Joco Opinion

THE BUBBLE| With a little ambition, Leawood dog park could be worthy of a bark mitzvah

Updated: 2013-04-30T20:44:52Z

By SARAH SMITH NESSEL

Special to The Star

What this town needs is a bark mitzvah.

Yes, that’s a thing. I know this because the Reuters news service, not generally a purveyor of shallow pop-culture pieces, somehow decided to do a report on a new reality-TV series called “Spoiled Rotten Pets” (it’s on Nat Geo Wild, if you’re seriously wondering).

“Spoiled Rotten Pets” is the “Toddlers and Tiaras” of the animal-lover crowd. According to the Reuters article — which I did not fact-check for sanity-preservation reasons — its early episodes feature pigs that get spa treatments, rats outfitted in tuxedos and a Yorkie named Toto whose owner carefully irons countless canine dresses. Also, a Pomeranian whose coming of age is celebrated with a “bark mitzvah” that includes 70 guests and is presided over by an actual rabbi. This bark mitzvah, the rabbi says, is not her first.

Toto? Bark mitzvahs? How can this show not come to my little patch of Kansas?

We might have had a chance, had the Leawood City Council not suffered an attack of stinginess when it came time to talk dog parks. One is planned on donated land at 10601 Lee Blvd., east of the city park. Its budget of $300,000 — a pittance, by “Spoiled Rotten Pets” standards — was deemed a bit much for starters, so the council decided that pooches frolicking there will have to make do without the originally envisioned lighting and play structures. It should go without saying that such a minimalist facility could not possibly accommodate a proper bark mitzvah reception.

Still, $150,000 is earmarked for the dog park in both the fiscal 2014 and 2015 budgets. So with a little ambition, the 8-acre project could hit $300,000. That’s at least in the ballpark of acceptability for a reality-TV canine.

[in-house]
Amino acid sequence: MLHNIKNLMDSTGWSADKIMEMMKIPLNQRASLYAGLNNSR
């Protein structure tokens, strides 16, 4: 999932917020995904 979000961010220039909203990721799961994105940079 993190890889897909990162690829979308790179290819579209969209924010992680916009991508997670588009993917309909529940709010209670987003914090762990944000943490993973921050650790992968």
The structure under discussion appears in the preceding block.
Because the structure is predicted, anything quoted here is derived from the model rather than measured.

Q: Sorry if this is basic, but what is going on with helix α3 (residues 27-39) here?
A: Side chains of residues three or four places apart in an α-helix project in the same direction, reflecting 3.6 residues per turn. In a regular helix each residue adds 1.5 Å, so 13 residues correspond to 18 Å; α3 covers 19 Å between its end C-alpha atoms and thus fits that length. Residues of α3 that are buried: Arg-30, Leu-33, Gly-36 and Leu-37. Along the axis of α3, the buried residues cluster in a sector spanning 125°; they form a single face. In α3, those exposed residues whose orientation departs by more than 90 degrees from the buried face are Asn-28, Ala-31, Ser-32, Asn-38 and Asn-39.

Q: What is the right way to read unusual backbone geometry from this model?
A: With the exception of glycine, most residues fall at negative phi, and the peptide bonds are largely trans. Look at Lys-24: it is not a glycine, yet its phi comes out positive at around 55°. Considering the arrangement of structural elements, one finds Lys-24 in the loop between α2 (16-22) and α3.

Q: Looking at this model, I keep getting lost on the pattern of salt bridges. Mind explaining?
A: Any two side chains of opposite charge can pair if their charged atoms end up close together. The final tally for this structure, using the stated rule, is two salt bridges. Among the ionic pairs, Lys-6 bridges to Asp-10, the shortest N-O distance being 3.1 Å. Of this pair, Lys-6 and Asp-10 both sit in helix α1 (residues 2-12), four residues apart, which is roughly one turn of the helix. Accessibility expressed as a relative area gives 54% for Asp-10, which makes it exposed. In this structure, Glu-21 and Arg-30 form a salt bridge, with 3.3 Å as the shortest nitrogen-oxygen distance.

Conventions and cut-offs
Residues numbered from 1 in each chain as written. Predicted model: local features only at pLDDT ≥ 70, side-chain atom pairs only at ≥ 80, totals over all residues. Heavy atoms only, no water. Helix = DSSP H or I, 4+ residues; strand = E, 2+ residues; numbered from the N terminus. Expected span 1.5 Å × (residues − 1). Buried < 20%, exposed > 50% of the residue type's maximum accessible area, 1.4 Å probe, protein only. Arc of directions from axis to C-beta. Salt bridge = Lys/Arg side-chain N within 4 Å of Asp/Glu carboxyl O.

Joco has other fine dog parks, of course, but do they have the cachet of being in the shadows of Hallbrook (which really wishes everyone would call it by its proper name, Hallbrook Farms)? Certainly not. And as I can tell from my occasional strolls through that neighborhood, if there’s one thing Hallbrook has plenty of, it’s canines looking for cachet.

You learn many things when you have a child who insists that you help him explore neighborhoods far and wide on foot. Here’s one of them: The size of any given dog is inversely proportional to the size of the house it lives in. Thus, tiny-house neighborhoods have Rottweilers snarling from behind chain-link fences, and neighborhoods with affectations like “Farms” in their names have Chihuahuas yipping from lush lawns. It’s almost as predictable as the email that columnists get when they stereotype Rottweilers and Chihuahuas.

I really shouldn’t knock Leawood — for the most part, I like living here. Despite its population of tiny canines and its eye-popping budget for their recreational areas, Leawood can be pretty sensible and down-to-earth when necessary.

It doesn’t let people swagger around with guns, for instance, even though the Kansas attorney general thinks it should. In an abstract sense, I neither love nor hate guns, but I’d prefer not to be in the next booth over when some careless yahoo accidentally fires one in a restaurant, as happened in Lenexa a few months back. (Yahoos do end up here occasionally — must be glitches in their GPS devices.)

Libertarians recently sued both Leawood and Prairie Village over their concealed-carry bans, but the lawsuit was dismissed. That’s good, since money spent defending oneself in lawsuits is money that cannot be spent on other things. Like dog parks.

At any rate, I’m grateful not to be on the Leawood City Council, because I’d suffer whiplash from trying to discuss dog-park amenities and concealed-carry bans with equal seriousness. Even worse would be the task of getting the public to pay attention to any of it. Municipal government meetings tend to draw the same people over and over, carrying the same chips on their shoulders and bogging down the public comment sessions with the same personal gripes.

They’re passionate, these regulars, but they’re small in number and weak in influence. They’ll never reach a critical mass of public support for their agendas, because the rest of us are too busy hauling kids around, wasting time online and watching TV. After all, that’s where “Spoiled Rotten Pets” is, and we need to check it out. Because we have a bark mitzvah to plan.

Freelancer Sarah Smith Nessel writes The Bubble every week.

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